Basic Concepts in Time Series Analysis (Part-2)
This post is the second part of a series of tutorials regarding time series analysis.
Traditional methods of time series analysis are concerned with the decomposition of the time series into four main components; Trend, Cyclical, Seasonal and Irregular components.
Trend is the tendency of the time series to increase, decrease or remain stable over a period of time. In other words, trend is the long-term movement of the time series. For example, we may observe increasing values and upward trend in the demand of ice-creams during warmer months and lower demand and thus, downward term in the colder periods.
Seasonality is variations over a fixed and known period. This interval could be annual, monthly, weekly, daily etc. For example, sales of coats are increased during winter months and decreased elsewhere. Some factors causing seasonality might be temperature and climate conditions, income and overall shape of the economic environment, etc. Seasonal variations are important component for time series modeling and should be taken into account when building such models.
A cyclic pattern exists when data exhibit rises and falls that are not of fixed period. The duration of these fluctuations is usually of at least 2 years.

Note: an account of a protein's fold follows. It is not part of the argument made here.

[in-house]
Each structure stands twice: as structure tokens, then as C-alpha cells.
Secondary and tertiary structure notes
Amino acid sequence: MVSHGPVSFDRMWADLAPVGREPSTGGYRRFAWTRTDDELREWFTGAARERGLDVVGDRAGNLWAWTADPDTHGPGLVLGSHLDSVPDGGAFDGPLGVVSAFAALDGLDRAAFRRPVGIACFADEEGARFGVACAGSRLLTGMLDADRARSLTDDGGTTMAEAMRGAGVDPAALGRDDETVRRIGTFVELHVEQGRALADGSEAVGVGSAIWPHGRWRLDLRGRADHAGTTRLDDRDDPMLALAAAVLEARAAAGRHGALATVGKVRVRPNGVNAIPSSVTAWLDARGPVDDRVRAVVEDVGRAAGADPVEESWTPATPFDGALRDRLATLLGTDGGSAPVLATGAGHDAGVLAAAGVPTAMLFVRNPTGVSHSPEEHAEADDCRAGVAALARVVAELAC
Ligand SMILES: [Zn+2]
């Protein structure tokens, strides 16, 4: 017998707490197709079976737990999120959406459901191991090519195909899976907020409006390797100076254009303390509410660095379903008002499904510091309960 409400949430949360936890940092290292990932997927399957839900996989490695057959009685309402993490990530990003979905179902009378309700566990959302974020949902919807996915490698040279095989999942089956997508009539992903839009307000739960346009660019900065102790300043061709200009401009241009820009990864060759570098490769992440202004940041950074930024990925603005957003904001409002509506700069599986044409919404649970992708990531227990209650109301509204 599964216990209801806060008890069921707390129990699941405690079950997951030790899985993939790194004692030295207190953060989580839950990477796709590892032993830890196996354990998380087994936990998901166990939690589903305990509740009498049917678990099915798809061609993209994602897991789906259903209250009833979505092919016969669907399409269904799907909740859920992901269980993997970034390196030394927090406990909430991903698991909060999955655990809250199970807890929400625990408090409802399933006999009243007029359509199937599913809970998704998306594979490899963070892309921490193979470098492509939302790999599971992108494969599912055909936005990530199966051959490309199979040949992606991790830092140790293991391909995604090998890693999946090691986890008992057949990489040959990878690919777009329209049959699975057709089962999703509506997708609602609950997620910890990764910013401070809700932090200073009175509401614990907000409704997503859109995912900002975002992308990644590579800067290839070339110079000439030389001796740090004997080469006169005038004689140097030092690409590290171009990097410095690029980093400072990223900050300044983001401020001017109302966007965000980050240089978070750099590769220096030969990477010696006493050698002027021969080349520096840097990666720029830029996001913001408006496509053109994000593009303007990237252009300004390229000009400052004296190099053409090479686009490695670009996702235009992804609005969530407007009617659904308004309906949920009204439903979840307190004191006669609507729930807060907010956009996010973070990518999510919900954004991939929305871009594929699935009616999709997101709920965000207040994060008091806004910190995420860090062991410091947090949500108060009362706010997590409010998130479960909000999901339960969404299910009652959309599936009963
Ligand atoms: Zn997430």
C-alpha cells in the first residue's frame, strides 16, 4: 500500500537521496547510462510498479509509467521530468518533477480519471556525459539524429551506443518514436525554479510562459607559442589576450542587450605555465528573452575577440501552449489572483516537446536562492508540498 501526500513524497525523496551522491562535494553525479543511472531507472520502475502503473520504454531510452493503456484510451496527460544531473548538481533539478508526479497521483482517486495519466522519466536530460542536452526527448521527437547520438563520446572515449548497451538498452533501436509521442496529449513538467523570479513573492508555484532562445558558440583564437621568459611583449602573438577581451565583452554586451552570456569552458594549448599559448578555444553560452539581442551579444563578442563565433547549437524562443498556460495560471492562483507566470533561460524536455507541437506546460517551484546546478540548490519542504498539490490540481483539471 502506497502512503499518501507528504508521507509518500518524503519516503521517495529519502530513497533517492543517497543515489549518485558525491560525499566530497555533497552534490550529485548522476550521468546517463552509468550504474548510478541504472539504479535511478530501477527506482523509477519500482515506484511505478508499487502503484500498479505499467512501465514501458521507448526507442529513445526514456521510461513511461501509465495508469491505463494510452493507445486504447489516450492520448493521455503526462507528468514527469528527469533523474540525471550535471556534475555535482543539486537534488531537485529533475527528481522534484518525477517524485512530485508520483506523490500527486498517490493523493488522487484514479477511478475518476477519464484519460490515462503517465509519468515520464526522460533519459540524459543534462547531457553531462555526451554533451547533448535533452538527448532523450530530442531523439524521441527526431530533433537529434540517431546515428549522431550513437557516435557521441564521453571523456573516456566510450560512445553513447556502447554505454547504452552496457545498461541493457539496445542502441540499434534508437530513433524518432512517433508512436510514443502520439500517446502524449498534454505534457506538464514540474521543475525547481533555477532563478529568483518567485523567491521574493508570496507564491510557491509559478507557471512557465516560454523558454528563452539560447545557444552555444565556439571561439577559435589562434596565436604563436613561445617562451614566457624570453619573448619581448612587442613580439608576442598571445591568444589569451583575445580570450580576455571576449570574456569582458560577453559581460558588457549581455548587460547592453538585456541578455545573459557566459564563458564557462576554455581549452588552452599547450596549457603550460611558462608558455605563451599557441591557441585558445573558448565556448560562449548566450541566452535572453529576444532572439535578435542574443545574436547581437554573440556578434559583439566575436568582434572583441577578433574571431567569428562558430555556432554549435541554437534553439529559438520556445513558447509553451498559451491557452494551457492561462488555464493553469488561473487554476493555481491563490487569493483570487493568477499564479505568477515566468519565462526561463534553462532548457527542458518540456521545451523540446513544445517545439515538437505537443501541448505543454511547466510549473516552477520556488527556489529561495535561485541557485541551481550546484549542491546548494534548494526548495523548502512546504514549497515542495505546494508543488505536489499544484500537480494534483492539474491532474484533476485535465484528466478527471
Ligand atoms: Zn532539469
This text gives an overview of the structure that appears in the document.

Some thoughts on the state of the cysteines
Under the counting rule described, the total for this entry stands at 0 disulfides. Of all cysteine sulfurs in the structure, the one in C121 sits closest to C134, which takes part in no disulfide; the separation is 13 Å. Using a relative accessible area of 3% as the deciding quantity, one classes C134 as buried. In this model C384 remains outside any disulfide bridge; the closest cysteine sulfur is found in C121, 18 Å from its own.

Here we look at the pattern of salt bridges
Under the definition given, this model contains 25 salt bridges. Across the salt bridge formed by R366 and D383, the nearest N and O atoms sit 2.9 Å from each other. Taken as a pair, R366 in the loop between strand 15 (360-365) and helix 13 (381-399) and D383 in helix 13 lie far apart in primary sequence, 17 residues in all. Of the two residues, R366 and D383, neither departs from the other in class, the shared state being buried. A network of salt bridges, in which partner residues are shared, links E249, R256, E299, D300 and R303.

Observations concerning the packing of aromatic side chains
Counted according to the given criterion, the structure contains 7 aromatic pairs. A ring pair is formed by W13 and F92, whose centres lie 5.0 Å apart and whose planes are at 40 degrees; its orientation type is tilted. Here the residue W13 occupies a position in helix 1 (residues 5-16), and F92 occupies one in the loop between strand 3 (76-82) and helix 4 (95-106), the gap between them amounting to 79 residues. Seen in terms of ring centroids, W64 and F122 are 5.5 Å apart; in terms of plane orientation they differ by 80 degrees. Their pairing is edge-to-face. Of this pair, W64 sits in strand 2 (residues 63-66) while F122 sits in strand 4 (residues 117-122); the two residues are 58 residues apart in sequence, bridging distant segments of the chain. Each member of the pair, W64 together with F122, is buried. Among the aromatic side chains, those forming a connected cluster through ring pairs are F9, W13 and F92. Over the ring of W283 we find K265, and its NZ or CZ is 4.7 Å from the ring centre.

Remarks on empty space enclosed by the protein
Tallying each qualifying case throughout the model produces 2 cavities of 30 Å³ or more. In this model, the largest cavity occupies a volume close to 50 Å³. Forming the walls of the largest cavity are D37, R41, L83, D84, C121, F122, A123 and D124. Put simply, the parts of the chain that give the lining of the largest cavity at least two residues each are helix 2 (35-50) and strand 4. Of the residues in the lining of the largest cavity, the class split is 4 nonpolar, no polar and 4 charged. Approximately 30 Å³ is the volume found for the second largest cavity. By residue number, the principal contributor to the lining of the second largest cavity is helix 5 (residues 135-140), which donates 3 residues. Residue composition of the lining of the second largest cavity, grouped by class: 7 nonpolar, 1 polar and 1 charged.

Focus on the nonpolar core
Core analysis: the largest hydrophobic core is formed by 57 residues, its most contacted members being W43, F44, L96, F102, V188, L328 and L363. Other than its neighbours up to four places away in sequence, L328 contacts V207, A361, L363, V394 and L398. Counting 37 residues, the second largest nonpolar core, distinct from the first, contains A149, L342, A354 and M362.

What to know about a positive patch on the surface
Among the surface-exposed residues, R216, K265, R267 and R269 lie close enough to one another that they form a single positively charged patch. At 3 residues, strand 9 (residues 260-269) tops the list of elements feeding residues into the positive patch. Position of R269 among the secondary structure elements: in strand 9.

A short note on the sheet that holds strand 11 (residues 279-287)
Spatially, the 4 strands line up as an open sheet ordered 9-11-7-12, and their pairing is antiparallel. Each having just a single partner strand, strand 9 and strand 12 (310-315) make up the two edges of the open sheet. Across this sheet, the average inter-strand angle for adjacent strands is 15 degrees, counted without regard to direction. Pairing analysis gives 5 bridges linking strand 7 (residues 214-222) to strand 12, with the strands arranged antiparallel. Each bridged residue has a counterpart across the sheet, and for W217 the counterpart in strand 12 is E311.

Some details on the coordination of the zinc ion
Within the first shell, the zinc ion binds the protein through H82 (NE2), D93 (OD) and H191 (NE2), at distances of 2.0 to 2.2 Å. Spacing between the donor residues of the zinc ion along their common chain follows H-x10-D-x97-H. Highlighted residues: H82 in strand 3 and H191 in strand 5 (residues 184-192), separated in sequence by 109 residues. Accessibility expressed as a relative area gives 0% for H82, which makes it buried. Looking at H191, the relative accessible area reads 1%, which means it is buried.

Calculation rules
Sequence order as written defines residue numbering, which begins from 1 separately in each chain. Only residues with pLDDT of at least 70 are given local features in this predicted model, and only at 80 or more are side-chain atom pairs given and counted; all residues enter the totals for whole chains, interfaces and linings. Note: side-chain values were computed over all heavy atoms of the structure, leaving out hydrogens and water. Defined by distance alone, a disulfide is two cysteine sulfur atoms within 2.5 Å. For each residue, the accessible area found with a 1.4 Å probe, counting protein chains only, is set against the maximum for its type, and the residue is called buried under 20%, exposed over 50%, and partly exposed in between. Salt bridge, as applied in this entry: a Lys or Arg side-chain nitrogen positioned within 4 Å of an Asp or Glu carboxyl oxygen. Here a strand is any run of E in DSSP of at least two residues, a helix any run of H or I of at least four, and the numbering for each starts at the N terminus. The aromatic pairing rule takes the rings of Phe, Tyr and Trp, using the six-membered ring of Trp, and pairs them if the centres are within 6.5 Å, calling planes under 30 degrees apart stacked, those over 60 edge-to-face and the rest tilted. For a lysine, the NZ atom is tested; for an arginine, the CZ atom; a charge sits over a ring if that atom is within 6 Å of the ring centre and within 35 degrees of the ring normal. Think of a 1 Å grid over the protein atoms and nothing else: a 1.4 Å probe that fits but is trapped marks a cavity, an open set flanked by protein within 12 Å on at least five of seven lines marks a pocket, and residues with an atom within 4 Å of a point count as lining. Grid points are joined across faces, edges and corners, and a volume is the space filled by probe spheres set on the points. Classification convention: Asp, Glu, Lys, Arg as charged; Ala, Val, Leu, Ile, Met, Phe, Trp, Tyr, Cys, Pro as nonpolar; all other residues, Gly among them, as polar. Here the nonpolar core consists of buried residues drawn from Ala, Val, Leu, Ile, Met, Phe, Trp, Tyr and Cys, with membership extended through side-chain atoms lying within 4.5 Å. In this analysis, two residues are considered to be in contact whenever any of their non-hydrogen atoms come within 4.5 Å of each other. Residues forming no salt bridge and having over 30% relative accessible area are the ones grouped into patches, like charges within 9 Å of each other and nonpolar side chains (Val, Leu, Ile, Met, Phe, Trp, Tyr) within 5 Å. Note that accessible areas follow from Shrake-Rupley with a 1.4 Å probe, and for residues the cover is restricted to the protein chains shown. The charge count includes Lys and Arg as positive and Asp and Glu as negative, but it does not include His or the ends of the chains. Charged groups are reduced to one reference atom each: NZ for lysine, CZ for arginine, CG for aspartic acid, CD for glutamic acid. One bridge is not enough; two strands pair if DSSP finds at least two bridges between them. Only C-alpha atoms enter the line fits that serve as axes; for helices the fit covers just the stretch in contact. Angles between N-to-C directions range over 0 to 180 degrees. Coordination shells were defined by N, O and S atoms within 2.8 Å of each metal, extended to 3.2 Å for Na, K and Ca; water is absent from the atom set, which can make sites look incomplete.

Irregular component is related to highly random fluctuations with no certain patterns. These variations are caused by random incidents such as wars, economic recession, floods, etc.
Although seasonality and cyclic behavior might seem similar, they are actually quite different. If the fluctuations are not of fixed length then they exhibit cyclicality. If the period remains unchanged and associated with some aspect of the calendar, then the pattern is seasonal.
The top left graph (monthly housing sales) exhibits strong annual seasonality and 6-year cyclicality. The top right graph (results from the Chicago market for 100 consecutive trading days) exhibits no seasonality but an obvious downward trend. The bottom left graph (monthly electricity production) shows both seasonality and upward trend. The bottom right graph (daily change in the Dow Jones index) is white noise and has no trend and seasonality and exhibits high irregularity.
In this link you can find the first part of the series discussing about time series analysis.